Larry Kudlow, the President’s chief economic adviser, once said Donald Trump’s proposed policies on trade would lead to a bad recession, cause “incalculable damage” to the economy and kill consumers and businesses alike.
Kudlow made those comments in 2015 on the Larry Kudlow Show, a radio program he hosted before joining the White House in March 2018. Trump at the time was in the early stages of his ultimately successful campaign to secure the Republican nomination and eventually the presidency.
In segments on his show, Kudlow said the tariffs Trump then sought and has now moved to impose on China and Mexico would damage the US economy enormously – and also said that Mexico’s government was not to blame for undocumented immigrants coming to the US.
The comments from Kudlow harshly contradict the administration’s current positions on trade, which Kudlow is now tasked with publicly defending. In the past month, Trump has proposed a 5% tariff on all goods from Mexico starting on June 10 and raised tariffs on Chinese imports to 25% from 10%.
Kudlow stood by the administration’s current policies in a phone interview with CNN’s KFile this week.
“That was then and this is now,” Kudlow said. “I think his trade policies with China in particular have been very strong. They are not damaging the US economy.”
Asked about his past criticism, Kudlow claimed he was speaking hypothetically.
“Those were worst case scenarios, it was all hypothetical,” he added. “We don’t know what’s going happen with Mexico.”
’He will destroy the dollar’
Kudlow in August 2015 said Trump’s trade policy threatened “incalculable damage” to the US economy which would destroy the dollar.
“Donald Trump, he is a protectionist. He will jack up tariffs and those are higher tax rates and they will pose incalculable damage on our economy. He will destroy the dollar. That’s basically been his message, if anybody cares to look at it,” Kudlow said, linking high tariffs to the Great Depression.
“You slap a 25%, 35% tariff on our leading trading partners like Mexico and China. We may not like them, sir, but tariffs and protectionism is not the answer,” he later added. “It will do incalculable damage to the American economy. Okay? We will cut off our nose to spite our face and that is not the right policy….We don’t need this. This will backfire on America and the rest of the world.”
In July 2015, Kudlow linked trade protectionism to the Great Depression.
“He wants to stop trading with China. He wants to stop trading with Mexico. Lord knows who else he wants to stop trading with,” he said. “These are huge trading partners of ours. There are political issues that need to be resolved, but you never cut off your nose to spite your face, do you? That’s what Trump is doing. Too many Republicans are flirting with protectionism. Protectionism is anti-growth, protectionism, protectionism led to the depression of the 1930s.”
“Lower tariffs equals lower taxes equals growth,” Kudlow said. “In the 1930s high tariffs, Smoot-Hawley tariffs, equals high taxes, equals depression. It’s that simple. Too many Republicans on the campaign trail are flirting with protectionism. Trump is the worst, but he’s not the only one.”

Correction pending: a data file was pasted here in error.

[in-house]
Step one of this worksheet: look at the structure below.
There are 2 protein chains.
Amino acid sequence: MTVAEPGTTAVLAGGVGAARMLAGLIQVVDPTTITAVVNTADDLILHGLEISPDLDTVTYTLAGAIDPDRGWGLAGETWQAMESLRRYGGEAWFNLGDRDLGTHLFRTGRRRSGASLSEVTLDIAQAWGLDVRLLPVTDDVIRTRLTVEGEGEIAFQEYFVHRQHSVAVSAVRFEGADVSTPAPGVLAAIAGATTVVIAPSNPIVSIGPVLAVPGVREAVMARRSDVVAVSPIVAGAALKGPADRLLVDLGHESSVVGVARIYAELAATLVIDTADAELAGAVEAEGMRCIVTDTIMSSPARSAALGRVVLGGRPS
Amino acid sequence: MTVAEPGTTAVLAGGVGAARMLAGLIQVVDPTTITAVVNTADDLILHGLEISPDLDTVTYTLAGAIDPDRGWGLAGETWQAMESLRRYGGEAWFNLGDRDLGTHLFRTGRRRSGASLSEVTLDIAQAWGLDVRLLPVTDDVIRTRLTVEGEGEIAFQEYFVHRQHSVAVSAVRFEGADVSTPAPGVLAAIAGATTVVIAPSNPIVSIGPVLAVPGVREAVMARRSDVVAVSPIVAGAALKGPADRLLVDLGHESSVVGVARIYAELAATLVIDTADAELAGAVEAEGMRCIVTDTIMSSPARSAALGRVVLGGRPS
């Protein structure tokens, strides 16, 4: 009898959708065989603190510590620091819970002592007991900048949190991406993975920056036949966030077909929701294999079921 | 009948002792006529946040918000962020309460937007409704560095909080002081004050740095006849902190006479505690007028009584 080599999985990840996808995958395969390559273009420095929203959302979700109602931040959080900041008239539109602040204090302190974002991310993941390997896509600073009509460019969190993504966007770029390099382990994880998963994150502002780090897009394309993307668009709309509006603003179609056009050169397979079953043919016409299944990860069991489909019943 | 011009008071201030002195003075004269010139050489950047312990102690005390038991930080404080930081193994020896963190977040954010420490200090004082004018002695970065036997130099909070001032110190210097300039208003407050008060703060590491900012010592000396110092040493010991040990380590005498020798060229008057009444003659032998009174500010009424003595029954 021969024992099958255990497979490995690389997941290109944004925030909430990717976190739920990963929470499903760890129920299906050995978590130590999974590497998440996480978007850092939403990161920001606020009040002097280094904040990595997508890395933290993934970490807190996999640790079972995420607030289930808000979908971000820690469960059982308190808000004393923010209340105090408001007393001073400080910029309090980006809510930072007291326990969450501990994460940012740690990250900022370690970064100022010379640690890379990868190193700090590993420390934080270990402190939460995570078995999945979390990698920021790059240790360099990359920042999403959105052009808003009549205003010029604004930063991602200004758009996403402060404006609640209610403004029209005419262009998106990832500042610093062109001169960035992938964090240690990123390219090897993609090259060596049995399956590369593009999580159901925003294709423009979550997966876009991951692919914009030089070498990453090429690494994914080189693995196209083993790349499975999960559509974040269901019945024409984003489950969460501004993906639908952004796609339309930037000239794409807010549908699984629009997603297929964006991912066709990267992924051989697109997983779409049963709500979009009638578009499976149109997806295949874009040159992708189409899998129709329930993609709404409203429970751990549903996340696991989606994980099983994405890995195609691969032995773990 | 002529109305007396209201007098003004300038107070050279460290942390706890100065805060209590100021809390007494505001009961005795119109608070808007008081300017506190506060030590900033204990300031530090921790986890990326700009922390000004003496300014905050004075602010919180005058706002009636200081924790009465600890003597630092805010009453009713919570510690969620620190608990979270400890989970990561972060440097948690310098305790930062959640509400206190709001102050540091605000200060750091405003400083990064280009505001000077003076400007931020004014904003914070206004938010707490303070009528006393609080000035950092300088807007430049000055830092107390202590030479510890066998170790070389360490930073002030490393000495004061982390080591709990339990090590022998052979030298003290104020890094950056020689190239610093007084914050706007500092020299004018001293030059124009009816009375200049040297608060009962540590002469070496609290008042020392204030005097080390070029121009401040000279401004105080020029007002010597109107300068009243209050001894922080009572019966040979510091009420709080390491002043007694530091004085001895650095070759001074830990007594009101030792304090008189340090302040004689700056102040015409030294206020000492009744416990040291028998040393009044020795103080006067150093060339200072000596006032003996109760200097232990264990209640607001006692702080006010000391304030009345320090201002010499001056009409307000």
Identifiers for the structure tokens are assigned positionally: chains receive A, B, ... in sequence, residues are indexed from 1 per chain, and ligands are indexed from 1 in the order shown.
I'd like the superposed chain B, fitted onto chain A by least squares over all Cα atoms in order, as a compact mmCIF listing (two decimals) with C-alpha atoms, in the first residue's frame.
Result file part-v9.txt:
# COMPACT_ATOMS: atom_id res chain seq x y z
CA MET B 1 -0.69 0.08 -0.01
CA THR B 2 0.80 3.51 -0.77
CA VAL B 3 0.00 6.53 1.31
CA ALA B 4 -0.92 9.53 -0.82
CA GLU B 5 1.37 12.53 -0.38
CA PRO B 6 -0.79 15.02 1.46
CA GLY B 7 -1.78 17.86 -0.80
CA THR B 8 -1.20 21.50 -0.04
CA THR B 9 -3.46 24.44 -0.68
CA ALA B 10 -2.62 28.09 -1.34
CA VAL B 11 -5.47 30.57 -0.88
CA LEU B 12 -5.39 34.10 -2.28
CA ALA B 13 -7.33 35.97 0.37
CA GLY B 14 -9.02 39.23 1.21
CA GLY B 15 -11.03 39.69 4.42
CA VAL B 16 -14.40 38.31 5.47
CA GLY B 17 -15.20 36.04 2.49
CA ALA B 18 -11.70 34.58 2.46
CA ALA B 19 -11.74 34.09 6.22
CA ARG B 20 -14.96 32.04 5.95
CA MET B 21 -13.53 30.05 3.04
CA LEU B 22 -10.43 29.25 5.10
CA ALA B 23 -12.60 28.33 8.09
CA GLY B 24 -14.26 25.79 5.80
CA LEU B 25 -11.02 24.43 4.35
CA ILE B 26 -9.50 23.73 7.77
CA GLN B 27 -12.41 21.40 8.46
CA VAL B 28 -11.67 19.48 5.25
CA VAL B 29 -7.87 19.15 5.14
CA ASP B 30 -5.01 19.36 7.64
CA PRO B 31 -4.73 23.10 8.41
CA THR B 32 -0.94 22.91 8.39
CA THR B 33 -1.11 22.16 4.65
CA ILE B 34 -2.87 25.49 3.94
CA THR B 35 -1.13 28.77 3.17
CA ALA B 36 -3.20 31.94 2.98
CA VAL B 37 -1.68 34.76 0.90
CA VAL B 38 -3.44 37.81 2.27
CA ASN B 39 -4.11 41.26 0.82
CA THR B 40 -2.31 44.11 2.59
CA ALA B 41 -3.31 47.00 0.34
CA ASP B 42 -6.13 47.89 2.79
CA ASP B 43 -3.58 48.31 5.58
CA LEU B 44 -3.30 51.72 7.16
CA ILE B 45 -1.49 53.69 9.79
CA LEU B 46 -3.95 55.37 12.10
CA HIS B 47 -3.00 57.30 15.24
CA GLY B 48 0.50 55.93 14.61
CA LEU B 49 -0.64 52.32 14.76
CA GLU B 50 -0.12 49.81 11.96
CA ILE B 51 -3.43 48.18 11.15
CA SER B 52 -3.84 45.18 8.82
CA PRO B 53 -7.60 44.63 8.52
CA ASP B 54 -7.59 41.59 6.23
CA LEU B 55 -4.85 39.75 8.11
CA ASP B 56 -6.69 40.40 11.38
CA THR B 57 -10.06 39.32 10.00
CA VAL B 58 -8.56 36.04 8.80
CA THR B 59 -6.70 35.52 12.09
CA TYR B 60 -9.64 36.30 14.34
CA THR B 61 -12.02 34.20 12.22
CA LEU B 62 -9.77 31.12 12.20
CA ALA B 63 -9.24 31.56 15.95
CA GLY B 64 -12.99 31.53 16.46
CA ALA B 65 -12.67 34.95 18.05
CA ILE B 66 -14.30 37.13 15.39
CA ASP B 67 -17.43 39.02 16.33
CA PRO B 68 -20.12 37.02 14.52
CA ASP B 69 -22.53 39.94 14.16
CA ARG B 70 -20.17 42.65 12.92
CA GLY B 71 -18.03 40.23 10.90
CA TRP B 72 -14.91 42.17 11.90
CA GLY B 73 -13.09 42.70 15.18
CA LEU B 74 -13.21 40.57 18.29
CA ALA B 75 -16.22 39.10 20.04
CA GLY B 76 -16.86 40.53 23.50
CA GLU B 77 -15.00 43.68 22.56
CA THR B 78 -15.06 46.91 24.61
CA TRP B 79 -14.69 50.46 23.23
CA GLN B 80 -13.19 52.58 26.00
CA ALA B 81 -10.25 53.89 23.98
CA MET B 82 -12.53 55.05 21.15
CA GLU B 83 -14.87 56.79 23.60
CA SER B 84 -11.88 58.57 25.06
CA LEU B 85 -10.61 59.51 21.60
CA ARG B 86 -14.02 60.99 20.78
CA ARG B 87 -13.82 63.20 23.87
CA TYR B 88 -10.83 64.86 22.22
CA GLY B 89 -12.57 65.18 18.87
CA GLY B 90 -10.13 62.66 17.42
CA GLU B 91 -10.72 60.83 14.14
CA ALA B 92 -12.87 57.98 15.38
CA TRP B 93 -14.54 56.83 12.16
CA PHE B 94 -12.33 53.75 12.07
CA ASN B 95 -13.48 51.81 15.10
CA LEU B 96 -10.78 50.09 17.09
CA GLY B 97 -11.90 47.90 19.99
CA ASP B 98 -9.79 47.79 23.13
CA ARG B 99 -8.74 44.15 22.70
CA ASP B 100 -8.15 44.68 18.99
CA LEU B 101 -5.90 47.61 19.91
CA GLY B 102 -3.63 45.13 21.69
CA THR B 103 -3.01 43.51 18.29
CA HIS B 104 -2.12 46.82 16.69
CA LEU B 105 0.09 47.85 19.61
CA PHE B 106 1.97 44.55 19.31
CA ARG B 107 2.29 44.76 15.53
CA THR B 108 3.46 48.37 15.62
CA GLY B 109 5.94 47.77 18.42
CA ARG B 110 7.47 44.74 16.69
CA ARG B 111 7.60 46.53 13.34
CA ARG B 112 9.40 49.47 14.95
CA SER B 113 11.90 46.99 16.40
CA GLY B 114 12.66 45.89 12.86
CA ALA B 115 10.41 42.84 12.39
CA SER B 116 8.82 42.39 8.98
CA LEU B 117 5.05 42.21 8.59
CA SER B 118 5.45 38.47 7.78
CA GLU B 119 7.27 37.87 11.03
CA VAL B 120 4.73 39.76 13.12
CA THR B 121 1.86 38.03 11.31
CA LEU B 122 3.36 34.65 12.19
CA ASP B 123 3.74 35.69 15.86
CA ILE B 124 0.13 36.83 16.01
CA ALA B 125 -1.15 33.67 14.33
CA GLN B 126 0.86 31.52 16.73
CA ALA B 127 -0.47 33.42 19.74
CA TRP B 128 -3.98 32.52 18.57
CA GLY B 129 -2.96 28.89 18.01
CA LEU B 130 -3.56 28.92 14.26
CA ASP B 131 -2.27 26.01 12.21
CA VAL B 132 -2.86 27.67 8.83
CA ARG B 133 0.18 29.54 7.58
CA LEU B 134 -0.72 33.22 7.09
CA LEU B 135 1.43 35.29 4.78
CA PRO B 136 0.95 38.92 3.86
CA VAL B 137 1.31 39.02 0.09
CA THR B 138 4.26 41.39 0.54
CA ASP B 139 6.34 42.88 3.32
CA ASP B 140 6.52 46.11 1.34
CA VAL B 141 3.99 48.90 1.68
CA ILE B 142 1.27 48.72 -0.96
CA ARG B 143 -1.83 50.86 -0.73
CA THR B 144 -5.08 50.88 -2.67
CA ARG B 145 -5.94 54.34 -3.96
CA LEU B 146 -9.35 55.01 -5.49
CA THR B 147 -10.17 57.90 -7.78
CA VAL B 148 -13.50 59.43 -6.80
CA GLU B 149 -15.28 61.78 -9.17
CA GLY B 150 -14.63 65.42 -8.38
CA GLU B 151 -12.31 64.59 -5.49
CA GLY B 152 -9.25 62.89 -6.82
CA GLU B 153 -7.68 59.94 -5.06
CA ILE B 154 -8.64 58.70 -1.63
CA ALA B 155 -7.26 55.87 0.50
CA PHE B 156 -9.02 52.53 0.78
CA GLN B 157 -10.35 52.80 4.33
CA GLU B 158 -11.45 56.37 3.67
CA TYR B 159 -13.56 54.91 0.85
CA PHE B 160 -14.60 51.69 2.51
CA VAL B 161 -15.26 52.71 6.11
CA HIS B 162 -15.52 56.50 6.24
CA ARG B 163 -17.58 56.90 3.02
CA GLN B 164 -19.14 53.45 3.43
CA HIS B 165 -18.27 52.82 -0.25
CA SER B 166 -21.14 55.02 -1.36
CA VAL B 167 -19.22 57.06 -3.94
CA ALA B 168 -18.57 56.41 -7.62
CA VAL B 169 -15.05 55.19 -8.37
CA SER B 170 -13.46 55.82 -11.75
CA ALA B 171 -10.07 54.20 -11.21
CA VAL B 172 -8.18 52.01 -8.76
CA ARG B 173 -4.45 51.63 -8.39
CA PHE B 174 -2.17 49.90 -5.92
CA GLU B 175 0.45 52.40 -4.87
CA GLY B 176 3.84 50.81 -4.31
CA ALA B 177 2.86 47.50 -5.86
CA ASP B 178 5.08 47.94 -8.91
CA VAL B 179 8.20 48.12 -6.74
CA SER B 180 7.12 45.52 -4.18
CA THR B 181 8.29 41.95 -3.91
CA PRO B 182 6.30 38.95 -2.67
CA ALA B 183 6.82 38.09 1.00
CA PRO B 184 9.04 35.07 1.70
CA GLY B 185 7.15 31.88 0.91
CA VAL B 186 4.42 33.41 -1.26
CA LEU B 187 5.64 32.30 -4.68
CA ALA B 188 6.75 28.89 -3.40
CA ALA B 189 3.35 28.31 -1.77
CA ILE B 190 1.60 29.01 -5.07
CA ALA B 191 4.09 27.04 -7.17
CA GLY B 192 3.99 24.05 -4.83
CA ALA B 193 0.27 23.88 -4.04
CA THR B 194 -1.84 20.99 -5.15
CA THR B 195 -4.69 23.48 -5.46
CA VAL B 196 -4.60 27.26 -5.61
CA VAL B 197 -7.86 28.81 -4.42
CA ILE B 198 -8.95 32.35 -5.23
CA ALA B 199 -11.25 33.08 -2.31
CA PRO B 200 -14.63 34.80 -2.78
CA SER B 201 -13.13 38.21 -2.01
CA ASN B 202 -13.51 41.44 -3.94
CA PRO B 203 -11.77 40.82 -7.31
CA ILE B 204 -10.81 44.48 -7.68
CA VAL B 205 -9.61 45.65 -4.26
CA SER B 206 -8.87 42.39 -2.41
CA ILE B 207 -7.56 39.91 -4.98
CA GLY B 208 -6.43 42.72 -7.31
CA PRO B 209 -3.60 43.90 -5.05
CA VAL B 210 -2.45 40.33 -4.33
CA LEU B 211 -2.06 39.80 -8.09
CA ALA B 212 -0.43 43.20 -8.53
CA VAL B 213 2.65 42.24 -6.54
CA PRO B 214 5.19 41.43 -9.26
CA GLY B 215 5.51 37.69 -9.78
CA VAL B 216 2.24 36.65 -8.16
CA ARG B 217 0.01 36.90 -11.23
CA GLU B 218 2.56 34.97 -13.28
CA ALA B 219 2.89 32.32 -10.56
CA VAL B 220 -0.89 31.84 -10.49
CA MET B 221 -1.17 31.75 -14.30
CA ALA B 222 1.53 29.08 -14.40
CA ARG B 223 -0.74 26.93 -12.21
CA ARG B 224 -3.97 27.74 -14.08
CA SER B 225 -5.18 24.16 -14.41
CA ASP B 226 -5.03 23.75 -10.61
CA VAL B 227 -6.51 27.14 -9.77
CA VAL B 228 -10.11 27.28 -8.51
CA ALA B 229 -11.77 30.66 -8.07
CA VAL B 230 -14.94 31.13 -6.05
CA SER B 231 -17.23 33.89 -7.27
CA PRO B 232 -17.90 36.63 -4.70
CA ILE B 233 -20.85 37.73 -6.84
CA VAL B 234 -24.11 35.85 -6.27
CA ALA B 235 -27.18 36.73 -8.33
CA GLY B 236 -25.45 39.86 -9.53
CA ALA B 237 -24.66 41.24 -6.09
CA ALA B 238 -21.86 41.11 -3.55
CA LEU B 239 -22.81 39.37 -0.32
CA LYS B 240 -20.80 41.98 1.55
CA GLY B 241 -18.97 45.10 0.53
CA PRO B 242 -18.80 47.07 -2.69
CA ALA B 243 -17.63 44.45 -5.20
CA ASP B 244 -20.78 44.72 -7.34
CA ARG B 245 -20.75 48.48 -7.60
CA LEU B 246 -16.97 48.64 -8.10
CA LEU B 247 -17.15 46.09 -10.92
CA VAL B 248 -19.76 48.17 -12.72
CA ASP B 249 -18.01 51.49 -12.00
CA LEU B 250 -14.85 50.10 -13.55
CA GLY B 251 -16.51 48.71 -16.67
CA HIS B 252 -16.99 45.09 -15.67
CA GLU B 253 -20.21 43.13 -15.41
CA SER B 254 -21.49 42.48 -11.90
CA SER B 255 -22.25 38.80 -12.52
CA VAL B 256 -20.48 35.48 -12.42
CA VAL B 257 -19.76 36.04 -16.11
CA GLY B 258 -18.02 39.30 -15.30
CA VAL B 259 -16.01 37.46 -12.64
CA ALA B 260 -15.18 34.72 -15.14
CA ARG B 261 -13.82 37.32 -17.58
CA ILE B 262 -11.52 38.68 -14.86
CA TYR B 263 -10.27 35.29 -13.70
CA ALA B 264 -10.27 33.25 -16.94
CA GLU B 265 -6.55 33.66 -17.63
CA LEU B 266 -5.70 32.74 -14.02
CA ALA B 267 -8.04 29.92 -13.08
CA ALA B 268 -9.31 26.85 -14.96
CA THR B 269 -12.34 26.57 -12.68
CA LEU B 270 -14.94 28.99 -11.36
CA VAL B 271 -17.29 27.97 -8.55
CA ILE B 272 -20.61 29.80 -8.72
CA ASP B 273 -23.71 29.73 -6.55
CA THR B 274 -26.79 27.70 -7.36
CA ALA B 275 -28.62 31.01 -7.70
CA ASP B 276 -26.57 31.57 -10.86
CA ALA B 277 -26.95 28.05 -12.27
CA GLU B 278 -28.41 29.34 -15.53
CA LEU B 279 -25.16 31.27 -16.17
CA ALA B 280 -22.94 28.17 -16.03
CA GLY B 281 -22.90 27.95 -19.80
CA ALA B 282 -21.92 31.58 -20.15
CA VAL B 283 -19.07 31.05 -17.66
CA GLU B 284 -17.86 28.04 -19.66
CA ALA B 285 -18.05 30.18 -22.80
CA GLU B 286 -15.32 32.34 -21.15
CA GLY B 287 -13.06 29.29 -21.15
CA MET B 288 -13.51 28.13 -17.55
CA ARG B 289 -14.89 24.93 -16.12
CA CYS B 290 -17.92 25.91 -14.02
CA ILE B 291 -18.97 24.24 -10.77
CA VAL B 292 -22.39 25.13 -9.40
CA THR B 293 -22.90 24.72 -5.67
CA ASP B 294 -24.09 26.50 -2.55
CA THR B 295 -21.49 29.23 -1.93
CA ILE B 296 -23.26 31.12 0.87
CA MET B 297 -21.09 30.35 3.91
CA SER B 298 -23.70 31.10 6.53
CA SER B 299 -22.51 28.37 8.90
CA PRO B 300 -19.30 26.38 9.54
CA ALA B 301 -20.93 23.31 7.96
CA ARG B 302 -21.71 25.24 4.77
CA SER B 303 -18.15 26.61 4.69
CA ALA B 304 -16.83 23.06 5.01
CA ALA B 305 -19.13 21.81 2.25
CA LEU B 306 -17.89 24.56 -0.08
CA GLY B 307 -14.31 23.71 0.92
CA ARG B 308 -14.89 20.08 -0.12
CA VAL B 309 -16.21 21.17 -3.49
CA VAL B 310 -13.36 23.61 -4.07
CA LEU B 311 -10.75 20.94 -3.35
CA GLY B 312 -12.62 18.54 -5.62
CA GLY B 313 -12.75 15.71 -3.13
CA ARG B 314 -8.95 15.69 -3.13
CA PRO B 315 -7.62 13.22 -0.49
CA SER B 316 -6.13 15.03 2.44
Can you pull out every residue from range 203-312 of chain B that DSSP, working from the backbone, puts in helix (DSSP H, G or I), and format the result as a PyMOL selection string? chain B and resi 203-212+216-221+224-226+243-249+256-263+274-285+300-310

The Smoot-Hawley Act imposed tariffs on goods being shipped to the United States in 1930s. It was named for two Republicans members of Congress, Rep. Reed Smoot and Rep. Willis Hawley.
On his August 2015 program, Kudlow called out Trump and other candidates on trade policy.
“Mr. Trump, Mr. Santorum, Mr. Huckabee and others I fear. You want protectionism that means you want another bad recession,” Kudlow said.
“This anti-immigration thing has gone way too far”
Speaking on his show in July 2015, shortly after Trump launched his campaign, Kudlow said he did not believe that Mexico was responsible for undocumented immigration.
“This anti-immigration thing has gone way too far,” Kudlow said. “For example, Donald Trump is blaming the government of Mexico several times for sending us these terrible people. First of all, the government of Mexico has nothing to do with sending us anybody.”
“It’s not the government of Mexico, let’s remember this before we get so protectionist, the United States and Mexico have very close relations,” he continued. “They’re an important partner. They are our second biggest export market, right? Our third biggest trading market after Canada and Japan and China rather. And literally, literally millions of Americans go to Mexico for tourism and vacation and millions of American retirees live in Mexico because it’s cheaper and rather pleasant.”
“How’s this guy going to negotiate with anybody, whether it’s China, whether it’s Vladimir Putin, whether it’s the mullahs. He can’t even get the story right on Mexico. He can’t even distinguish between the good and bads on Mexico.”
Kudlow would later go on to informally advise Trump on his economic policies during the 2016 presidential campaign, specifically related to taxes, and Kudlow toned down his criticism.
An avowed advocate of free trade, Kudlow joined the Trump administration after his predecessor, Gary Cohn, quit in protest over Trump’s tariffs. Kudlow has now spent his time in the White House trying to keep markets calm no matter what his boss does – even if it risks damaging the US economy. Speaking on Fox News Sunday in early May, Kudlow defended Trump’s trade policies, but acknowledged under questioning that “both sides” would pay for administration’s proposed tariffs.
“We have had unfair trading practices all these years, and so in my judgment, the economic consequences are so small that the possible improvement in trade and exports and open markets for the United States, this is worthwhile doing,” Kudlow said.